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LIB

William Daum Euler

Liberal

Mr. EULER:

Would you not obtain more immediate and practical results if you sent delegations of grown-up, intelligent men?

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PRO
LIB
LIB

George Perry Graham (Minister of Railways and Canals)

Liberal

Mr. GRAHAM:

They will follow.

Mr. HOCKEN; I do not know how the hon. member (Mr. Euler) would make the selection. It is to be presumed that to some extent at least men in business have an opportunity of travelling from one province to another.

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LIB
LIB

George Perry Graham (Minister of Railways and Canals)

Liberal

Mr. GRAHAM:

Would it not be cheaper

and more practical if the members of parliament themselves would travel on their passes and see their own country first?

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CON

Horatio Clarence Hocken

Conservative (1867-1942)

Mr. HOCKEN:

I presume that was one

of the purposes of the passes, and I may inform the minister (Mr. Graham) that I have personally made use of mine, as I know he has done also. The minister has opportunities now of travelling under comfortable conditions.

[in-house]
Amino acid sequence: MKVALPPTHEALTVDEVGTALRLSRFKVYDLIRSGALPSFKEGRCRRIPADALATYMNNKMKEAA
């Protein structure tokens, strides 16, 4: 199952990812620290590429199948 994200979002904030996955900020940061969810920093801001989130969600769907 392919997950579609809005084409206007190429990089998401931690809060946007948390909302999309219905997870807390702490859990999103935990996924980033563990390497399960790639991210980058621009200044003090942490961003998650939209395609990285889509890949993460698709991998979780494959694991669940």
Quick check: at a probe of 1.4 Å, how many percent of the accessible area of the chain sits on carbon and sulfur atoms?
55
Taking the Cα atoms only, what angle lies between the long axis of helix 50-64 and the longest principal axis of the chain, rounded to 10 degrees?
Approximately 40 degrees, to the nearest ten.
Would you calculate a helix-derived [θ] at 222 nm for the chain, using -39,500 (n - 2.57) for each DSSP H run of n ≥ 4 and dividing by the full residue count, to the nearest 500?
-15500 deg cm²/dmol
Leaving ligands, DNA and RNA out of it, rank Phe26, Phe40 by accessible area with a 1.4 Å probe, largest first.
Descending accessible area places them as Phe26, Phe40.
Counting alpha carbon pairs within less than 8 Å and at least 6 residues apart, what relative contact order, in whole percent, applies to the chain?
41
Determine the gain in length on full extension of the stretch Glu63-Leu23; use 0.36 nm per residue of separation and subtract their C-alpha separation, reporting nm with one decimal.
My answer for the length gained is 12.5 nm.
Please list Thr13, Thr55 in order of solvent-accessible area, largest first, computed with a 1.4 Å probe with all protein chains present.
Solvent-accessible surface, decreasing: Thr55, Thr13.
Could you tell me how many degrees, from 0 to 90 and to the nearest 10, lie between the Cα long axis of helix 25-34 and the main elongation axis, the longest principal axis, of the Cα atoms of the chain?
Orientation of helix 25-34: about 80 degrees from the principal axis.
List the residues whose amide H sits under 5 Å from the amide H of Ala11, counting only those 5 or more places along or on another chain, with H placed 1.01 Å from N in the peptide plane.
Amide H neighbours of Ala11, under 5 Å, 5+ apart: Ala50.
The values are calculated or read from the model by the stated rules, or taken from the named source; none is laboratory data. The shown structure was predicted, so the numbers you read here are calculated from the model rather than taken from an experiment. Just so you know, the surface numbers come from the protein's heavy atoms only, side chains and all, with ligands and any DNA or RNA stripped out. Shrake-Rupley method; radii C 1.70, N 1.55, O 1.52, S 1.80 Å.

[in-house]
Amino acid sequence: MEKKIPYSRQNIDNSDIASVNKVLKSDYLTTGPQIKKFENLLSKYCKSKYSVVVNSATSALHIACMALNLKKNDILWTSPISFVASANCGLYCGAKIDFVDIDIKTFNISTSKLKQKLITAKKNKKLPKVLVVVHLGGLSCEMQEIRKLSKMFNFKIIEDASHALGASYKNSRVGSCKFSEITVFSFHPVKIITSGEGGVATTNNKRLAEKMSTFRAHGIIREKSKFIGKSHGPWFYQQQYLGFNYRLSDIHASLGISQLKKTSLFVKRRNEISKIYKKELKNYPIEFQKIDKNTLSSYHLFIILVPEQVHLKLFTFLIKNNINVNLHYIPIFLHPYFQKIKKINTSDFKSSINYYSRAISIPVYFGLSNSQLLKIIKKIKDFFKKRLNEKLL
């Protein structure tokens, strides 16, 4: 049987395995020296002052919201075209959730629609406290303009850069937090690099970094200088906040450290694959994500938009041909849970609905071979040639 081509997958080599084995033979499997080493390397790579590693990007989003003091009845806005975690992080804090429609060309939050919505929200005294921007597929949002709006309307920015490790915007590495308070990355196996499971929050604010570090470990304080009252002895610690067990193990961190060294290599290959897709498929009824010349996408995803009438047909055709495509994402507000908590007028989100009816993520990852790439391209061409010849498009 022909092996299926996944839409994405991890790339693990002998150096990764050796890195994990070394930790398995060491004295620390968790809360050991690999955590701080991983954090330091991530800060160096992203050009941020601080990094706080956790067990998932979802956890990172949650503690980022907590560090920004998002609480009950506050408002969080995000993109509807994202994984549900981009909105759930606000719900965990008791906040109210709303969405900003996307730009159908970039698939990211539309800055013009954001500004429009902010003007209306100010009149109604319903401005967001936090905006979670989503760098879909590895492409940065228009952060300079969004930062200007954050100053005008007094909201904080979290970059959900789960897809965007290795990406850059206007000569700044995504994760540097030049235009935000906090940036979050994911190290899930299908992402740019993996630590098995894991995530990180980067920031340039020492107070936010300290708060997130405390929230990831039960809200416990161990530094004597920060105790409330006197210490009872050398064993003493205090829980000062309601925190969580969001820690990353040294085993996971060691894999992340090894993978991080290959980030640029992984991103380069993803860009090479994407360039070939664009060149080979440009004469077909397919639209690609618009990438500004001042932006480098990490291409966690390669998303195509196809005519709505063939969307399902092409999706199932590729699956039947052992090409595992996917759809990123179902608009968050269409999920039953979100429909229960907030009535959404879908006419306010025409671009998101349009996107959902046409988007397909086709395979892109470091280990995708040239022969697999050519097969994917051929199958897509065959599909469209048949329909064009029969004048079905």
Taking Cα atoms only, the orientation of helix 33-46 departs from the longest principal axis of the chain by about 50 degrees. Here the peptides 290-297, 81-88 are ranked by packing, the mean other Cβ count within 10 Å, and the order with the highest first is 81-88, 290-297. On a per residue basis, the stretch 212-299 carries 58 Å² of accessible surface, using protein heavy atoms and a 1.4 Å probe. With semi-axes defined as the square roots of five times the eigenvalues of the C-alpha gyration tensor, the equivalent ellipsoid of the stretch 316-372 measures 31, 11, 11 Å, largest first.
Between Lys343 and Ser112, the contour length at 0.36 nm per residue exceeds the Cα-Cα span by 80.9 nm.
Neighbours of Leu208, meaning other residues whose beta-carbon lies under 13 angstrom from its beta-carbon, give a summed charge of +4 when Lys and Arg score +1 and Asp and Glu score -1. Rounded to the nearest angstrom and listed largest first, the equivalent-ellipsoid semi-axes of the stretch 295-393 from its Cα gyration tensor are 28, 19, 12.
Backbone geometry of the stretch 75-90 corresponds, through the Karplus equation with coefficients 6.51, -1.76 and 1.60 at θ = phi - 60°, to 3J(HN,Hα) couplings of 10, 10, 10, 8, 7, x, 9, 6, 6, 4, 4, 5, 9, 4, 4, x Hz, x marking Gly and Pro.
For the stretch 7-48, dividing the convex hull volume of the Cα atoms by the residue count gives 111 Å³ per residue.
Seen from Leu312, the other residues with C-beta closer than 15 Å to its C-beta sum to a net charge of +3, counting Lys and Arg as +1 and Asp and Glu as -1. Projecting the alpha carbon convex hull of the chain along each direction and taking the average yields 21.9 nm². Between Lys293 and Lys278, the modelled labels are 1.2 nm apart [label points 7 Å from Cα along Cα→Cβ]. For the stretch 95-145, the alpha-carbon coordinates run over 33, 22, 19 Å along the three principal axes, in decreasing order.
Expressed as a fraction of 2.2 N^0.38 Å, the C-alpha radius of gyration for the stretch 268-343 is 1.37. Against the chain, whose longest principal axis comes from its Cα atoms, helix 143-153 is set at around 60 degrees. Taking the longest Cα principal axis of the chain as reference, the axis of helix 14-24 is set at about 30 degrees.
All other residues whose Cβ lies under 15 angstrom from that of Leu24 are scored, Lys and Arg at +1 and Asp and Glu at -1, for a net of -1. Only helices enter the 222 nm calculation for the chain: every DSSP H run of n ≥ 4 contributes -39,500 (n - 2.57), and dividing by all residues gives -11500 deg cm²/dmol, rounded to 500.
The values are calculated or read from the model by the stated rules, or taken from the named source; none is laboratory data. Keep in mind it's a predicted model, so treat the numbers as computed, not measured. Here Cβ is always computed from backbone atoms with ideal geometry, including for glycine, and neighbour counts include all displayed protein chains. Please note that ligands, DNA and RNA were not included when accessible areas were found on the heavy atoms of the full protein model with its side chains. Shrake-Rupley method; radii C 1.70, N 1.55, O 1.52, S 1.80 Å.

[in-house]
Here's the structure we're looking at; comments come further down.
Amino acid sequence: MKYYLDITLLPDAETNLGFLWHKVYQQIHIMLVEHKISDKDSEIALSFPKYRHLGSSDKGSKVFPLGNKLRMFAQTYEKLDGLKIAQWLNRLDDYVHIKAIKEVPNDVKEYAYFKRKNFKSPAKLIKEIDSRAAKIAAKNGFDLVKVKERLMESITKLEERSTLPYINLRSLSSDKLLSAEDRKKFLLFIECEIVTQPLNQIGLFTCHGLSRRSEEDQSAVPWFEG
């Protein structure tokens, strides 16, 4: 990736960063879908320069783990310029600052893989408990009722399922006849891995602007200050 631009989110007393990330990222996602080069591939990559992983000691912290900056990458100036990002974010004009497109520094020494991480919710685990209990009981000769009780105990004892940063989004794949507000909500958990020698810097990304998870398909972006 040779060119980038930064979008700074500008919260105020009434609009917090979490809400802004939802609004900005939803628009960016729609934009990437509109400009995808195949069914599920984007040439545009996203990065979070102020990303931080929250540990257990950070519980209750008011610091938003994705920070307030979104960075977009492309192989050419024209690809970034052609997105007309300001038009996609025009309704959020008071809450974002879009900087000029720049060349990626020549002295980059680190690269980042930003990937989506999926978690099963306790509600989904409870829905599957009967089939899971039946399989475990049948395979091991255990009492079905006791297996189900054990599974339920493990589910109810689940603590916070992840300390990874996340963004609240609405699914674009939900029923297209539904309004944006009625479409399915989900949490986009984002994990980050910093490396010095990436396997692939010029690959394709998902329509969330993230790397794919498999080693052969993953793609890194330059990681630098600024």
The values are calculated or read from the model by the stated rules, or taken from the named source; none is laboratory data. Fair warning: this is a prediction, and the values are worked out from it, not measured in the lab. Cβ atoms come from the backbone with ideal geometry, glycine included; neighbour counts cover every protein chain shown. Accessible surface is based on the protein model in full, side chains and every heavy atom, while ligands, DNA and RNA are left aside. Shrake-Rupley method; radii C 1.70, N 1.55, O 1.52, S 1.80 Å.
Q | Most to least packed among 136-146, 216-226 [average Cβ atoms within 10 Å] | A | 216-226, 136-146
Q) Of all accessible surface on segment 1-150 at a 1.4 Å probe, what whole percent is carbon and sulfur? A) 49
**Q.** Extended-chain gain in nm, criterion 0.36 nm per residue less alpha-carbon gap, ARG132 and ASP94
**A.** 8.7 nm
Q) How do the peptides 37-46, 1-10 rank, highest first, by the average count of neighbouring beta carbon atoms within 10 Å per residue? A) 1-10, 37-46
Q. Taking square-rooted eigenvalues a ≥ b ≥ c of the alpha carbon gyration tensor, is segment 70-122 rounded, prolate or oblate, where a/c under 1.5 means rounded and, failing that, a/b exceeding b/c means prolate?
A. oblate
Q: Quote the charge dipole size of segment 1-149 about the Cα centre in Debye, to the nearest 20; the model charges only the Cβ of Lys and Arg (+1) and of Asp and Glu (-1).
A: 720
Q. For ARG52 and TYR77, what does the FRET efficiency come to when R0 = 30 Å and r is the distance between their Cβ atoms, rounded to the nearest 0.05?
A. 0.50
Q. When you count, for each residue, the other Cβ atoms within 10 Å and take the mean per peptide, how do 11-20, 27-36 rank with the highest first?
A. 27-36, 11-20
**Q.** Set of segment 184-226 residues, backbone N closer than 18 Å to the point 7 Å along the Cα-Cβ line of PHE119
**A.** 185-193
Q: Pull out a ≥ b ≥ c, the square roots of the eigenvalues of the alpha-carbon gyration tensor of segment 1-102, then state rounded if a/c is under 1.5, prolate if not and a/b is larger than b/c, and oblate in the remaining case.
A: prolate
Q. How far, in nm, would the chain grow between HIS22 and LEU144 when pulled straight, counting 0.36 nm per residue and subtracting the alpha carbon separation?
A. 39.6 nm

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LIB

George Perry Graham (Minister of Railways and Canals)

Liberal

Mr. GRAHAM:

Beautiful.

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CON

Horatio Clarence Hocken

Conservative (1867-1942)

Mr. HOCKEN:

If he would give us private cars we would all travel too. I agree that the members of parliament should, and to a considerable extent they do, make use of their passes to enlarge their knowledge of the country. However, notwithstanding what hon. gentlemen have said, I still think that the plan I have suggested is the best that could be submitted. We have to begin a thing of this kind with the rising generation, who are susceptible and who will learn things in their youth which they are not likely to forget. They would be anxious to go back, having once visited places of interest, and it would inspire them with a patriotic feeling towards the rest of the country. I am sure that the experience of such a trip would prove of great value not only to them but to their fellow students. I leave the suggestion with the members of the government for consideration.